Domestic Violence is seen less as a crime and more as a taboo. In reality, it should be the other way around. Don’t you think so?!

Anyone and everyone can become the victims of DV. Johnny Depp-Amber Heard, Rihanna-Chris Brown…ring any bells? Sadly, not everyone reports it or do something to get out of it.

You might have been a victim or someone you know may be going through an abusive relationship.

There is Help! Identifying and reporting is the way to go. To help you with that, we’ve compiled this handbook.

And this particular guide will take you through the nuts and bolts of DV. Without further ado, let’s get into it.

Domestic Violence – A brief Introduction

The problem is, many victims don’t even realize when they’re being abused. Excuses like a rough day and bad mood don’t help either.

So, what is domestic violence?

DV is a pattern of cruel behavior where a person uses different types of abusive ways to control someone.

That could be: a husband gunning down his wife, a son hitting his mom over a silly argument, or a teenage girl abusing her nephew among others.

Things such as age and gender don’t matter. Anyone can become a victim and likewise, anyone can be an abuser.

Here are some of the prominent DV categories:

  • Physical Abuse: Pushing or kicking a person. Slapping, biting, or strangling someone. Locking a person out of their home.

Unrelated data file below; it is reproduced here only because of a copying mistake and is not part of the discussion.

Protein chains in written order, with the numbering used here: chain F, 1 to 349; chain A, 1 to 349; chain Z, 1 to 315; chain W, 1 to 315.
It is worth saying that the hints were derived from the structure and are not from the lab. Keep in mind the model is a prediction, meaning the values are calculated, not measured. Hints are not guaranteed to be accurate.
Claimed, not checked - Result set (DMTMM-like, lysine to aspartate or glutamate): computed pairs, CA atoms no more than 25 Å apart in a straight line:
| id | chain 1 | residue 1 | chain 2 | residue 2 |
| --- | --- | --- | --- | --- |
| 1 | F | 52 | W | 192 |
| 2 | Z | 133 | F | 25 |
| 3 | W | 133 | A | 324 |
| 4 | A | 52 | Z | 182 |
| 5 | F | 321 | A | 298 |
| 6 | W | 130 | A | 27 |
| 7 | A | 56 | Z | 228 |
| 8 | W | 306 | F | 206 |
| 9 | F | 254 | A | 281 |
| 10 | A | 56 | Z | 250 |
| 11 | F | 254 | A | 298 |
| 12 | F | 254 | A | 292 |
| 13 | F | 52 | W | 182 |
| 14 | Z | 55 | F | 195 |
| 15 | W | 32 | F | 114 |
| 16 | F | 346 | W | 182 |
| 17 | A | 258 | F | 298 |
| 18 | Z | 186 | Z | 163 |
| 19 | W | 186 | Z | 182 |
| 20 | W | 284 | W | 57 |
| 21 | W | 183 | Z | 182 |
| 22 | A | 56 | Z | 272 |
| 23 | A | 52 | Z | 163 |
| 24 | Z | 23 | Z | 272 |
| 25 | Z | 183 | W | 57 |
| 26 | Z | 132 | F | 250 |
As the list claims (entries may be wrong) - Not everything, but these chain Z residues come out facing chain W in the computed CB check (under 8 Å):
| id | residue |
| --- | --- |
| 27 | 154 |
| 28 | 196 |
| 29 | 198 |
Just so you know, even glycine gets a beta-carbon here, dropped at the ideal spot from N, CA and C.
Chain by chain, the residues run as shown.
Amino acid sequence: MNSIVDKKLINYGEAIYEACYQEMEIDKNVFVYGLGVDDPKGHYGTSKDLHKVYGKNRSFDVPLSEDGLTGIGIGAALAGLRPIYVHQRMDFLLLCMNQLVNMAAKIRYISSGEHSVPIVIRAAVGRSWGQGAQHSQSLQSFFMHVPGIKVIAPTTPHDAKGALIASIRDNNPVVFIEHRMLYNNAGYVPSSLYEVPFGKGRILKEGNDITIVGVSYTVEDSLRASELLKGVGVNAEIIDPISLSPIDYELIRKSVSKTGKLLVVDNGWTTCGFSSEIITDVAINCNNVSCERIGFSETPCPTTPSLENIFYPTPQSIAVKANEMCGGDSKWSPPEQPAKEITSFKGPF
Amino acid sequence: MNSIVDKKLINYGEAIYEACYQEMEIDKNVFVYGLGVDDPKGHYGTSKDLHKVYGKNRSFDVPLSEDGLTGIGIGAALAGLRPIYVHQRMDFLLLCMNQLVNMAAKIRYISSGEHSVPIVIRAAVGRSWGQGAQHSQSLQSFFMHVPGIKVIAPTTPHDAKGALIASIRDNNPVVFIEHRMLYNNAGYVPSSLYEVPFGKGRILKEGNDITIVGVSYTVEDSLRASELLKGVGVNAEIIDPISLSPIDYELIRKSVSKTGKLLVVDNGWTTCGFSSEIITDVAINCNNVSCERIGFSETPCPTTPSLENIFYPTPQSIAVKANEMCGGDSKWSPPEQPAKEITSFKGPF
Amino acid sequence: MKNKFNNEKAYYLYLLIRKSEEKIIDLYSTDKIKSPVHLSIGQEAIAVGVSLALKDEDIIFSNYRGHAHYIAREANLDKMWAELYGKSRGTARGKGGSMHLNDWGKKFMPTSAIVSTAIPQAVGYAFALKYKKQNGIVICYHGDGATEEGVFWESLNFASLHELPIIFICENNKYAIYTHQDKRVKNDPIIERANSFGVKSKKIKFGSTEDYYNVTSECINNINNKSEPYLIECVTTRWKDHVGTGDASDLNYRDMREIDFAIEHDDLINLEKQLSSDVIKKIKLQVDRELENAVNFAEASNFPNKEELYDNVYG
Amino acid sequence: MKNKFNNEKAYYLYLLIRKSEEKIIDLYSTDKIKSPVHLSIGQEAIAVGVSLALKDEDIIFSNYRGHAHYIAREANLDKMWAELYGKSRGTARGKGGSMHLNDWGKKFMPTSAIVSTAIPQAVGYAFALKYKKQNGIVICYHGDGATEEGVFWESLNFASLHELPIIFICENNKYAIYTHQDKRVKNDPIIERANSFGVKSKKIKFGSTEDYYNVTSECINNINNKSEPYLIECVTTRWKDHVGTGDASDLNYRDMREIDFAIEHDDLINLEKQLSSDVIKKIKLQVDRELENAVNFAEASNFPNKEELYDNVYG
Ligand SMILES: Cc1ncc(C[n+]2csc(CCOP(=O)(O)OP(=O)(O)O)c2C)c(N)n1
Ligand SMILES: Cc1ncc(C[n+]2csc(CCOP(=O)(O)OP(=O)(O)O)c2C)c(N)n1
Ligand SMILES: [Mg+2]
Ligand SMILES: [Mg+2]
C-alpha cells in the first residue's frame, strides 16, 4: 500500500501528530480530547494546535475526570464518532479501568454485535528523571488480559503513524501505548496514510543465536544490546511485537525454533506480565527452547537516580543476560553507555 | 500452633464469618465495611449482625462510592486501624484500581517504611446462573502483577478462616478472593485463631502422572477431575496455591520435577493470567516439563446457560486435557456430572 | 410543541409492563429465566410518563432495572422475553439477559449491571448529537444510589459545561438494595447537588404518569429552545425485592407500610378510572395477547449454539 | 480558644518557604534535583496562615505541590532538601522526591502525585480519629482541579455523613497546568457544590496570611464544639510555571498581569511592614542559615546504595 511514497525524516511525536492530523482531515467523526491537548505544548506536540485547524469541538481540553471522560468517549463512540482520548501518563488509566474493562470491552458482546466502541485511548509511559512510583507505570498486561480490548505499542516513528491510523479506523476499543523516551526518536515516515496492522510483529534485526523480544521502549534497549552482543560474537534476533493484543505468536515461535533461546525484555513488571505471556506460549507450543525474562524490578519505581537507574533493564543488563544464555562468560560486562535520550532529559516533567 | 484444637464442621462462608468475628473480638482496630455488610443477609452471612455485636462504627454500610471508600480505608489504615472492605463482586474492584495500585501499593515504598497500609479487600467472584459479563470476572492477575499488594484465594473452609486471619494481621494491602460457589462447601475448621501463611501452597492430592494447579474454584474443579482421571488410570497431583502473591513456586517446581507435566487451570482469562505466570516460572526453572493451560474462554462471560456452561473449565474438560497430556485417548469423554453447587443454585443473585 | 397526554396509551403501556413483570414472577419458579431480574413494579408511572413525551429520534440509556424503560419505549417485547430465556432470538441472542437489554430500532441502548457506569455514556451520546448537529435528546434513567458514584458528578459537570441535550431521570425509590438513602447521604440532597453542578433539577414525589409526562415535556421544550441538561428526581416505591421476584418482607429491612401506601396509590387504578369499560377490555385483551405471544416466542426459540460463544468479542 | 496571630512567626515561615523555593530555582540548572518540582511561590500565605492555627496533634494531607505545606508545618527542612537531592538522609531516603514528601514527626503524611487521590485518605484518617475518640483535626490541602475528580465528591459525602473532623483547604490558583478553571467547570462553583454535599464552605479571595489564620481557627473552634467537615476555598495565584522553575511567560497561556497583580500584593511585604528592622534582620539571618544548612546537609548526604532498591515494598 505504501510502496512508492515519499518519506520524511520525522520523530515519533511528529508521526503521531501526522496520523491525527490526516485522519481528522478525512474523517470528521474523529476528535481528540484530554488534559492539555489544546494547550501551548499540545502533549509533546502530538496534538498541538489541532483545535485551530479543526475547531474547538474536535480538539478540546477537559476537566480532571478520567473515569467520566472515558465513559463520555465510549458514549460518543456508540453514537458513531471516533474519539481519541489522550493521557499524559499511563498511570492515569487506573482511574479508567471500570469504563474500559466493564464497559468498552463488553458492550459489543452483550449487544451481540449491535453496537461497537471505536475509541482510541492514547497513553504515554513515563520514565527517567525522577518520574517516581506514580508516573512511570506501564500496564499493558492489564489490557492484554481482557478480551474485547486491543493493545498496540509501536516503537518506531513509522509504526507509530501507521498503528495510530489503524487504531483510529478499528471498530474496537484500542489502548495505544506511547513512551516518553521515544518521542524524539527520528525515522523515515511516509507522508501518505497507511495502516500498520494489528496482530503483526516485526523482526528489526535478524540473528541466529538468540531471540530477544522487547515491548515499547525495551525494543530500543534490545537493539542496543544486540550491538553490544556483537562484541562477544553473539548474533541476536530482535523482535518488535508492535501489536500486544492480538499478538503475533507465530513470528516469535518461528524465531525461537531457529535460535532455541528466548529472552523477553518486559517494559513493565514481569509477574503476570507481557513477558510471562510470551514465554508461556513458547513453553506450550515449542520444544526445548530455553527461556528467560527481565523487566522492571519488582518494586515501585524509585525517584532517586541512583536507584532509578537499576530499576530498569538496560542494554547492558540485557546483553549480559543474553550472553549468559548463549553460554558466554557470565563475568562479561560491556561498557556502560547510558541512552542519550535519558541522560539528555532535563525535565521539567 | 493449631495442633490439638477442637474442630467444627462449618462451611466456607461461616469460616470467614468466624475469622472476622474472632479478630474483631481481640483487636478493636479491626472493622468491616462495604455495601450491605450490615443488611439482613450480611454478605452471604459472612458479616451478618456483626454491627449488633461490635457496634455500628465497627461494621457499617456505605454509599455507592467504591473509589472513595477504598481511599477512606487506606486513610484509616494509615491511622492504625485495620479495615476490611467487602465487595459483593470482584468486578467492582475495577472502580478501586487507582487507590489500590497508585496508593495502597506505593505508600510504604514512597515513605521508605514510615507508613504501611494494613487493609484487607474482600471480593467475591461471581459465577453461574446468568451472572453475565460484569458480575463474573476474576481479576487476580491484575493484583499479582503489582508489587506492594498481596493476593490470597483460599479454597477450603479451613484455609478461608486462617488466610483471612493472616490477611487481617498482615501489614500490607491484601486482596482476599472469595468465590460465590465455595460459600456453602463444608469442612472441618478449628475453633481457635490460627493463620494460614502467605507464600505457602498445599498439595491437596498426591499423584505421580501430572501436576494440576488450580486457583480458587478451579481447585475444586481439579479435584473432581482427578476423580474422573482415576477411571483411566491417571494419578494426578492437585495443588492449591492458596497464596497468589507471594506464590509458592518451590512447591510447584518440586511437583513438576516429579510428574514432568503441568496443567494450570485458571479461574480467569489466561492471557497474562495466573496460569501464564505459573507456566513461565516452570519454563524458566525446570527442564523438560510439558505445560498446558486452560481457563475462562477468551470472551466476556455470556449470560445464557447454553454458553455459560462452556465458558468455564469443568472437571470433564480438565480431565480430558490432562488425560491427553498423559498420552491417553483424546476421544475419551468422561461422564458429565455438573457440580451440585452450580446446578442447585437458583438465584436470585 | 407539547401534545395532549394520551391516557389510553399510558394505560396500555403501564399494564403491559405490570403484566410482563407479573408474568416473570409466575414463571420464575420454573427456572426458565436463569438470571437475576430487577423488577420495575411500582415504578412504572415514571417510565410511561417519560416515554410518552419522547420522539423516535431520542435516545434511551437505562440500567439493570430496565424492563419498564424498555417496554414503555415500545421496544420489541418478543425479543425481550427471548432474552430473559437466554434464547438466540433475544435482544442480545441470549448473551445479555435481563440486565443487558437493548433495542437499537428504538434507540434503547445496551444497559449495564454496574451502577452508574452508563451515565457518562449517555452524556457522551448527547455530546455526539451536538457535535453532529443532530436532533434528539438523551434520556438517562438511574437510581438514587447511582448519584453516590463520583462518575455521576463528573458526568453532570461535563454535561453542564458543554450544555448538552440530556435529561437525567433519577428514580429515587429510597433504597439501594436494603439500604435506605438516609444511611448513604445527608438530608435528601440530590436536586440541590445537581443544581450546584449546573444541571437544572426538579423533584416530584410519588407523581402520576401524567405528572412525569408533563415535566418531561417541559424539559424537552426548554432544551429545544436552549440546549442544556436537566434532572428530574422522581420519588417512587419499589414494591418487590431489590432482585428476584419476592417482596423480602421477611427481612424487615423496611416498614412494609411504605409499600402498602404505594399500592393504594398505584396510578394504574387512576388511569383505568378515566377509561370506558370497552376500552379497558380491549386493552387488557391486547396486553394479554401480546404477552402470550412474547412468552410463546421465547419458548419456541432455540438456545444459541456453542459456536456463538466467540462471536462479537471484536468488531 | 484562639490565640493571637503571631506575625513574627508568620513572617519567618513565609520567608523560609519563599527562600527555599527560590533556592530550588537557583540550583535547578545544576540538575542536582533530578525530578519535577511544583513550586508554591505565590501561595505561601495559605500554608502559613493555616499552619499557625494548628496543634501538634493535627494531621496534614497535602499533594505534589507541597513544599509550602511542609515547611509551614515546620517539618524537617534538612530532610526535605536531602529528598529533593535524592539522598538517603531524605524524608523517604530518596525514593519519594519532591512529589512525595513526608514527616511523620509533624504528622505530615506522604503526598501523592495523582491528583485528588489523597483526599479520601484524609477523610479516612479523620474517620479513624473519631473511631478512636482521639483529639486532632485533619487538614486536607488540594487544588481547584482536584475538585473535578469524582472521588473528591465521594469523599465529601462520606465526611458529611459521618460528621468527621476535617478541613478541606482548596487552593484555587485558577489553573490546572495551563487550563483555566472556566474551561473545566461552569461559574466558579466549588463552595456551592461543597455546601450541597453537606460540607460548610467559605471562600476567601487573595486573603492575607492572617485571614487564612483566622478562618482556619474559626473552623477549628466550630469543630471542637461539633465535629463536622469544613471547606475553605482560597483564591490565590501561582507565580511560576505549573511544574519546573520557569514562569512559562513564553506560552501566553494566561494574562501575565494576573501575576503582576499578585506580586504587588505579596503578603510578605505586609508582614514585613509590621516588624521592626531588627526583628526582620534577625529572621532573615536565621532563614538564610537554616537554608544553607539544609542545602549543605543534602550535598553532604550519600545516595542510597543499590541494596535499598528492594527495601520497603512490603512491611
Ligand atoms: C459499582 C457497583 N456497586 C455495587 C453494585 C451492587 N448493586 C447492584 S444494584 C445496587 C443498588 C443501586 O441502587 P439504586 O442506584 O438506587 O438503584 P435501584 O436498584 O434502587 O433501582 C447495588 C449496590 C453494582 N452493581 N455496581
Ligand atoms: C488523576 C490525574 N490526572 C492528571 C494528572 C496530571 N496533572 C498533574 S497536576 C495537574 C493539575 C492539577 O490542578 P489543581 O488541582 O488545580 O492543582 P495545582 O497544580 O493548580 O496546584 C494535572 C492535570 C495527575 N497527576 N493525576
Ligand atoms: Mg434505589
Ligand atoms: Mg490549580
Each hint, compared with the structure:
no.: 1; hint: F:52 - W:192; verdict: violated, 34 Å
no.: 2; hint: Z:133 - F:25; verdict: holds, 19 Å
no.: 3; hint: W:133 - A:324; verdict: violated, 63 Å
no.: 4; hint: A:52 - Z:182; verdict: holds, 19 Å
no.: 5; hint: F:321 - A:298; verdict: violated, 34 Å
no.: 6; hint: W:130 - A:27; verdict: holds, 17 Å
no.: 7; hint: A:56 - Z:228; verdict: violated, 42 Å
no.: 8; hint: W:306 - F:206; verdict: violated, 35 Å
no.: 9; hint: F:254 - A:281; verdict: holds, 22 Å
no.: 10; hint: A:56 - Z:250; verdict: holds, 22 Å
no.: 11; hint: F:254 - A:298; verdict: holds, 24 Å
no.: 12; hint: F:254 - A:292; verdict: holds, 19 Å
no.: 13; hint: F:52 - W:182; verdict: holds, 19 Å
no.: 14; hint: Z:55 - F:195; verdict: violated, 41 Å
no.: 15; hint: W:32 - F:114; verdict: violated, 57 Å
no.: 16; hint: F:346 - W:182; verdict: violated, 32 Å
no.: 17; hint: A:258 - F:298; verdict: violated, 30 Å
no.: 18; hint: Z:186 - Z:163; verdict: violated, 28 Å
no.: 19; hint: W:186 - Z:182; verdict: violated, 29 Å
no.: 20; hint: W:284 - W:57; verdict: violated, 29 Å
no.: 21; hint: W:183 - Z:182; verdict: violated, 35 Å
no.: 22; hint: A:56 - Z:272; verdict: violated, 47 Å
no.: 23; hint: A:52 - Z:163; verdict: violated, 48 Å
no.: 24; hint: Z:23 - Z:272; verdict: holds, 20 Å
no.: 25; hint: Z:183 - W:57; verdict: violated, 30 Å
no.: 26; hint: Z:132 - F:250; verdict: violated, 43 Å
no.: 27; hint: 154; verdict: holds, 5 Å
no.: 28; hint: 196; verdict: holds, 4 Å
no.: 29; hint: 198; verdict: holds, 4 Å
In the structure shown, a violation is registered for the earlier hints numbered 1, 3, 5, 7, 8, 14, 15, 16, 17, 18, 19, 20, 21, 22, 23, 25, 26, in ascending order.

• Emotional Abuse: Name-calling, acting out of jealousy, manipulating, humiliating and degrading a person, and threatening.
  • Sexual Abuse: Forcing someone to have sex. Compelling a person to dress more sexually than they wish to.
  • Economic Abuse: Denying access to their bank accounts or credit cards. Preventing someone from going to a job. Limiting access to health insurance.

*Note that these are only a few examples for you to understand. There are many more forms of DV.

How Prevalent is DV?

Very prevalent, one must say!

It’s an epidemic that has taken the life out of many families and individuals. Every country faces this problem, which makes it all more important to fight this evil.

Here are some stats that show how widespread DV is:

  • 1 in every 3 women and 1 in every 4 men in the US have been the victims of physical abuse by their partners.